The electric grid of the future is the platform that enables continued gains for clean-energy technology and the nation's economy as a whole, said Chris Johns, president of PG&E at an event last week on Capitol Hill. Johns joined a panel of energy experts at the event, sponsored by the Bipartisan Policy Center, to discuss grid modernization for the 21st century.
In his opening remarks, Johns said PG&E embraces the emerging technologies in energy—including rooftop solar, electric vehicles and smart appliances—and envisions the grid connecting them in ways that make them far more valuable for customers.
He called it the Grid of ThingsTM, likening it to the concept of the "internet of things," in which technologies from across the spectrum, from health care to homes to energy, are interconnected.
"The Grid of ThingsTM will integrate all of the new energy-related technologies that are being developed," Johns said, "in a way that gives our customers maximum flexibility, maximum choice in how they use energy, and ultimately maximum value."
Johns refuted predictions that current trends in energy would bring about the demise of the century-old electric grid. Instead, he said, PG&E sees the "democratization of the grid."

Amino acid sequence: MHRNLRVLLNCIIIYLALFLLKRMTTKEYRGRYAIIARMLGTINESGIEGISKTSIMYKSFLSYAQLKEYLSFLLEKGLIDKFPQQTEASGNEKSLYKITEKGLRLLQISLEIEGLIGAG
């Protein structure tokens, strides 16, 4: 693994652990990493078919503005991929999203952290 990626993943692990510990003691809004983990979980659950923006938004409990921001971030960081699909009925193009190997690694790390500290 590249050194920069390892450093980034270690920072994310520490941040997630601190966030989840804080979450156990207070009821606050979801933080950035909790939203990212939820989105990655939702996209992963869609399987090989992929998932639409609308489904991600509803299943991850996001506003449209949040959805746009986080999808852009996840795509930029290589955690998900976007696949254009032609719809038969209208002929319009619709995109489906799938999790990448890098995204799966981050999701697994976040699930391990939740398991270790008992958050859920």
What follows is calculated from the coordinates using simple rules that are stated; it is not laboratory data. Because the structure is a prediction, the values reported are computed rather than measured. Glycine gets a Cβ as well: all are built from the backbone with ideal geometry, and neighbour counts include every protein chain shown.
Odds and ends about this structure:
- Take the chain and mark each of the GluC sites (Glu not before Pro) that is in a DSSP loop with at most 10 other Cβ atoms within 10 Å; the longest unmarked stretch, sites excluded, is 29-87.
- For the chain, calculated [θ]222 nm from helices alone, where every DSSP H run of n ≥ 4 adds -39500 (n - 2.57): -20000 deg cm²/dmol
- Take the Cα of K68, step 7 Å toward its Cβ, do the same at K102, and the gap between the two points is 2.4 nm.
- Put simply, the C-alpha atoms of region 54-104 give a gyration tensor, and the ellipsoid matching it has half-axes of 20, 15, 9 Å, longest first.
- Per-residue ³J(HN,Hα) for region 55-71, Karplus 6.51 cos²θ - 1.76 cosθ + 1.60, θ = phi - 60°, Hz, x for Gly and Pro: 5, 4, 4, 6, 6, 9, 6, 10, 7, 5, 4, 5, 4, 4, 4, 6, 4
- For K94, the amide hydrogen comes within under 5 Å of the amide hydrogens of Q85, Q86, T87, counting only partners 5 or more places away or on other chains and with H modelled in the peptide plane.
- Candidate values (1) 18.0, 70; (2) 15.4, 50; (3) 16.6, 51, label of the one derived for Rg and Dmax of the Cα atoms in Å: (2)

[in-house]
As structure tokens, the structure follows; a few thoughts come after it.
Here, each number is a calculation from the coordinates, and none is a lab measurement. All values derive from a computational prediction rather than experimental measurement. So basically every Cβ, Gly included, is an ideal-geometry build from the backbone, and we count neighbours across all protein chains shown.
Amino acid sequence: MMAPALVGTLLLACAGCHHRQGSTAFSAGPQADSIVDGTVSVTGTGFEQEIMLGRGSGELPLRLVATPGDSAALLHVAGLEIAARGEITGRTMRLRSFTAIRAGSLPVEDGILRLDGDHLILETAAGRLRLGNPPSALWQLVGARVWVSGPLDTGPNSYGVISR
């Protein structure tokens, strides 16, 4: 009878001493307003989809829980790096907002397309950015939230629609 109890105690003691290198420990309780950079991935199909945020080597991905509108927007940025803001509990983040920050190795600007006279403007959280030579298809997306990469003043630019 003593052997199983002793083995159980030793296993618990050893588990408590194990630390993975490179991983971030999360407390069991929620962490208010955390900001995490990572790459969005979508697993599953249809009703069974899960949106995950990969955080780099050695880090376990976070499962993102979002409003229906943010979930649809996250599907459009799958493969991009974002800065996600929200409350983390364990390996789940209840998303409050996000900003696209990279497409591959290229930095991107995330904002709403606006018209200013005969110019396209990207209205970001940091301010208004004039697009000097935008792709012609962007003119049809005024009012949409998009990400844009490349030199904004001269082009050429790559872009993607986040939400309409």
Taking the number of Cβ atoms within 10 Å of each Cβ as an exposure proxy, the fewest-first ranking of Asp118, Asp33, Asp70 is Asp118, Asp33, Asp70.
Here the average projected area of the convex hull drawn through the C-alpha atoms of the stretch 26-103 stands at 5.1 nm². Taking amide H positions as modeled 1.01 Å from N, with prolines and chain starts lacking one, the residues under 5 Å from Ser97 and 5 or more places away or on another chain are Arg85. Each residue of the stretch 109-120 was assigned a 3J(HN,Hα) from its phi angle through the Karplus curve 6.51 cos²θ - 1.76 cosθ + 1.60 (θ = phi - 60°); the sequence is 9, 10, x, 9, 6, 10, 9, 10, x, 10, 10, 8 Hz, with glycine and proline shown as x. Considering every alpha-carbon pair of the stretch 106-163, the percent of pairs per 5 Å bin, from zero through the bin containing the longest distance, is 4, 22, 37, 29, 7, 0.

"We're going to discover that these energy technologies are tremendously more powerful and more valuable if they're wired together through the grid," Johns said, "which means the grid is not only going to continue to be relevant, it's going to be just as indispensable over the next 100 years as it was in the last 100—maybe even more so."
PG&E has a unique perspective on the changes taking place in technology. The utility's service area in Northern and Central California is home to the world's leading tech companies; California's clean-energy policies are among the most progressive in the nation; and the state's rooftop solar installations and electric vehicle sales outpace all other states.
PG&E has been an innovation leader as well. Over the past several years, for example, the utility has invested in improvements to make the grid more resilient, flexible and reliable. To ensure the grid is capable of meeting the evolving needs of customers, more investments are needed, Johns said, in both traditional infrastructure such as wires and switches, as well as information technology.
Johns also emphasized the need for utilities to seek partnerships with emerging players in the energy sector, and he stressed the need for federal and state policies that encourage innovation while ensuring the continued safety, reliability and affordability of the service that utilities provide to their customers.